Last night was a big night for the Classical and Medieval Studies Student Society (CMS), and a great way to end the term. After a  talk by visiting graduate student Monica D’Agostini on the lineage of the Seleucids in Pontus and Syria, we retired to the Three Kretans restaurant in Kitchener for an evening of great food and good fun. Afterward, they headed out to the movie theatre to see Immortals, the latest movie reflecting Hollywood’s fascination with the myths of the ancient world.

It’s been a pretty busy term for CMS, too. From the First Year Social and Meet the Profs events in September, we’ve also had a Halloween movie night, the department’s wine and cheese, and even a scavenger hunt. We also devoted a week to recognizing and appreciating our department’s administrative assistant, Brigitte Schneebeli, who we can’t do enough for. Next term promises to be even more fun, with spiritwear being released, as well as a trip to the Royal Ontario Museum in the works, not to mention our yearly trip to the International Congress of Medieval Studies in Kalamazoo Michigan, where this is a landmark year, as some of our alumni from the last few years (including me) are presenting.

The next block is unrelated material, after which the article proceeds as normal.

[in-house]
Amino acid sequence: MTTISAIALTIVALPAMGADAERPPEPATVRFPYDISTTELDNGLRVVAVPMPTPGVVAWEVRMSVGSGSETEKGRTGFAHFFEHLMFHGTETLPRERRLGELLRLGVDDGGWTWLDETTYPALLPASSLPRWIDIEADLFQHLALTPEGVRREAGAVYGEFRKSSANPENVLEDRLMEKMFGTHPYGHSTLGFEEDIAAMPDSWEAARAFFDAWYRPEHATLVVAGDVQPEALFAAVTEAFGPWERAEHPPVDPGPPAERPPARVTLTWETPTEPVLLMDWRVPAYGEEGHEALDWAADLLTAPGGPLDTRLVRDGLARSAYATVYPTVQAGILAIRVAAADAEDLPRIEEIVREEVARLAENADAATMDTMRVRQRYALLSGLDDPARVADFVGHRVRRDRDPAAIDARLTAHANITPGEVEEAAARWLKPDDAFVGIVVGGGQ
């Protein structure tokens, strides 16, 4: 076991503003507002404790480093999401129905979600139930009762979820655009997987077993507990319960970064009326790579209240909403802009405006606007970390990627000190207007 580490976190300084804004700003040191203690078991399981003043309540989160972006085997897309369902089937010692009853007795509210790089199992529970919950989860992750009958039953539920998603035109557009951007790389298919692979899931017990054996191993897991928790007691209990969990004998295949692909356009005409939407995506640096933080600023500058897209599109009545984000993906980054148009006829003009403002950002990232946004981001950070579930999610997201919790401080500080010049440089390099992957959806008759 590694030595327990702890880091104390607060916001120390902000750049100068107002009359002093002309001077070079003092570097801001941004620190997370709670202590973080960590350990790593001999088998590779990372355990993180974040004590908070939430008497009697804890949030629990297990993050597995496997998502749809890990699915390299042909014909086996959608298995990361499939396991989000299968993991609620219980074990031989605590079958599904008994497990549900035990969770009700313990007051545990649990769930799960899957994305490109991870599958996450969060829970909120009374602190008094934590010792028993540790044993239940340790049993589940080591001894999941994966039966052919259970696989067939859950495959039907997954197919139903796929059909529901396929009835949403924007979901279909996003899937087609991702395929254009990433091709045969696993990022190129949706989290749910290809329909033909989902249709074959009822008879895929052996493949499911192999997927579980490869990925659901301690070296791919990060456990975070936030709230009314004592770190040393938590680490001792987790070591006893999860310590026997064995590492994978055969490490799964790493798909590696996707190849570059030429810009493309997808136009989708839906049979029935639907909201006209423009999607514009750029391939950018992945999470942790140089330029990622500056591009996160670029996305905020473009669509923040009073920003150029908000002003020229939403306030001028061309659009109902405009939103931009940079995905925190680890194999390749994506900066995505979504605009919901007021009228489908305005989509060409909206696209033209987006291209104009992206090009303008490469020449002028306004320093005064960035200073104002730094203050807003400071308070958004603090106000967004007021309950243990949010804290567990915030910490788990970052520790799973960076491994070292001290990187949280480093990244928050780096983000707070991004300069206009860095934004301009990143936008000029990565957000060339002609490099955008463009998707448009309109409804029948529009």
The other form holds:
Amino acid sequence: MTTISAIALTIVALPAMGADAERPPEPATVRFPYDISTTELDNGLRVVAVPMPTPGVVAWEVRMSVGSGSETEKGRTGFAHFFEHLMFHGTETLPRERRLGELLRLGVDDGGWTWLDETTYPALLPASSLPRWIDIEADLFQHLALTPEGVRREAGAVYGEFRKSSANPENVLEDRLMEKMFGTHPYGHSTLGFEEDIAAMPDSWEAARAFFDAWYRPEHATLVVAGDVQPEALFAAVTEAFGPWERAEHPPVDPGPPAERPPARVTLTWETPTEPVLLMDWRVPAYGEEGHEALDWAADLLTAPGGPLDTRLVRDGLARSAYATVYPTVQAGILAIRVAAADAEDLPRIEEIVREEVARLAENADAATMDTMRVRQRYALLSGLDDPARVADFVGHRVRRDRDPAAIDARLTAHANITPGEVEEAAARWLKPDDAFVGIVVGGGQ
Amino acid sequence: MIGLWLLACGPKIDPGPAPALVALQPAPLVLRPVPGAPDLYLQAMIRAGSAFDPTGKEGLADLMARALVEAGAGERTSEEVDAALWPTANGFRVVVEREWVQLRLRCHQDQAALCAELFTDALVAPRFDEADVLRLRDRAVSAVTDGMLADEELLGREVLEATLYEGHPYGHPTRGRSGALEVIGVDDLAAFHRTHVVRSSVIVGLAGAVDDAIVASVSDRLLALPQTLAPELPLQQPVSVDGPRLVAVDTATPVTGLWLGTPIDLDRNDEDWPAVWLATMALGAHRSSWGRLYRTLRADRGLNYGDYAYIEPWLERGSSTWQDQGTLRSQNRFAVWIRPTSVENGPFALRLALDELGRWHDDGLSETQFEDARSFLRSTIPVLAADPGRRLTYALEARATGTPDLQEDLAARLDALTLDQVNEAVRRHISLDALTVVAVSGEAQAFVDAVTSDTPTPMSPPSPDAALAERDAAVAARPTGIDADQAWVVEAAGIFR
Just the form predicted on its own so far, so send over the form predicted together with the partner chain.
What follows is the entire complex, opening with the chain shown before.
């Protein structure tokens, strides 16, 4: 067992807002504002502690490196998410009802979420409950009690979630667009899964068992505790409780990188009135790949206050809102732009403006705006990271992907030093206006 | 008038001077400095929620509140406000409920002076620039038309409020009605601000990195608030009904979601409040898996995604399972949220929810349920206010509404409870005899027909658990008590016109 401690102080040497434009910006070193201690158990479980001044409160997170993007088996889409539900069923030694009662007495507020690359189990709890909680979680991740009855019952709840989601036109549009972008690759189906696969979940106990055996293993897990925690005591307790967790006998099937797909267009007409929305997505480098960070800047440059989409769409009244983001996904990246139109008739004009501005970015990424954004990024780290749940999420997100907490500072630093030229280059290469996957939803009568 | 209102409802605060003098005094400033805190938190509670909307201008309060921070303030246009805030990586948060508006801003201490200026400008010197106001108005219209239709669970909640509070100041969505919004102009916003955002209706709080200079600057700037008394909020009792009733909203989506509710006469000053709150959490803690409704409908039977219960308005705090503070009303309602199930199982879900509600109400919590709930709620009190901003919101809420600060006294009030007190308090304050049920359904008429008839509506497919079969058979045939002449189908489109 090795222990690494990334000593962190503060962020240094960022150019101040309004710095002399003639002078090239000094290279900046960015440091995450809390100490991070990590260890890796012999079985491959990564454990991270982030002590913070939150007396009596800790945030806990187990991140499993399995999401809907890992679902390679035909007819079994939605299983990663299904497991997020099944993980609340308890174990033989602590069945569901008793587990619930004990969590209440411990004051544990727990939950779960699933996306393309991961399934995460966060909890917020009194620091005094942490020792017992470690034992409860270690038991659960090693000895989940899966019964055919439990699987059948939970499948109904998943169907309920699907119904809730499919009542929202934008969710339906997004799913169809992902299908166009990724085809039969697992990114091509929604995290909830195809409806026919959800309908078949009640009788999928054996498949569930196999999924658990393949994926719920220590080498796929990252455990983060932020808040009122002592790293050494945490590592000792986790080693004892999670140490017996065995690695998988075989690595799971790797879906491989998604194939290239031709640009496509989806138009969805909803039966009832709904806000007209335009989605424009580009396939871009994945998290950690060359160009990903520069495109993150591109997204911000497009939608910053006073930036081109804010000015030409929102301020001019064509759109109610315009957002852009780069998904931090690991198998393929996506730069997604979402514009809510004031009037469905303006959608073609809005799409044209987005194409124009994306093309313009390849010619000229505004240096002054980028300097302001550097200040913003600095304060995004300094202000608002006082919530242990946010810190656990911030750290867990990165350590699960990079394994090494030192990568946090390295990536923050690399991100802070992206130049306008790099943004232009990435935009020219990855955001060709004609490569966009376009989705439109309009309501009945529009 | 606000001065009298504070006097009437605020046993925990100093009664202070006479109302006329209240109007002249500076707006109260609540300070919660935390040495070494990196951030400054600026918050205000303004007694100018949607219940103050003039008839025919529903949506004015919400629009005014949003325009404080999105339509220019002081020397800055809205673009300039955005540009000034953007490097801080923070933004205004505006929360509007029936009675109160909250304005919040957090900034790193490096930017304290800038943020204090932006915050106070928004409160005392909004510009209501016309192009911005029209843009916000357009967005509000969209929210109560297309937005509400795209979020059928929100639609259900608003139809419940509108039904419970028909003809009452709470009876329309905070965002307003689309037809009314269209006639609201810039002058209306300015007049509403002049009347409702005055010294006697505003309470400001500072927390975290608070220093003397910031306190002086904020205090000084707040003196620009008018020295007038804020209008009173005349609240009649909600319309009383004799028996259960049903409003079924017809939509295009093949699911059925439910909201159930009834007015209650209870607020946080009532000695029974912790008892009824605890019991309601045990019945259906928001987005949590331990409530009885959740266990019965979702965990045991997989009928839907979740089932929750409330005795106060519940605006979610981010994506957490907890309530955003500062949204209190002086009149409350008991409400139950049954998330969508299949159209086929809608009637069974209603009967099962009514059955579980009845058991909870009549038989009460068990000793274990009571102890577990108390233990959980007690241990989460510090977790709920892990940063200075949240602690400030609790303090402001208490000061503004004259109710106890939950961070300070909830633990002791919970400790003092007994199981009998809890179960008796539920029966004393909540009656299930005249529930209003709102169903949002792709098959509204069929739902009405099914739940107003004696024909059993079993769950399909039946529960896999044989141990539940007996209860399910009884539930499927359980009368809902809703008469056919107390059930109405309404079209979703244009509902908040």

I speak for everyone involved with Labyrinth when I say that we appreciate all of the work Sydney, Amanda, and Kyle have put into this term’s events, and that we’re looking forward to attending and giving them the attention they deserve in the Winter term.

If you want to write about an event, or anything else related to classics at Waterloo, you can learn more about how to submit to Labyrinth by clicking the “Submissions” link in the top bar. If you’re interested in finding out more about these events, you can find CMS on Facebook and on Twitter.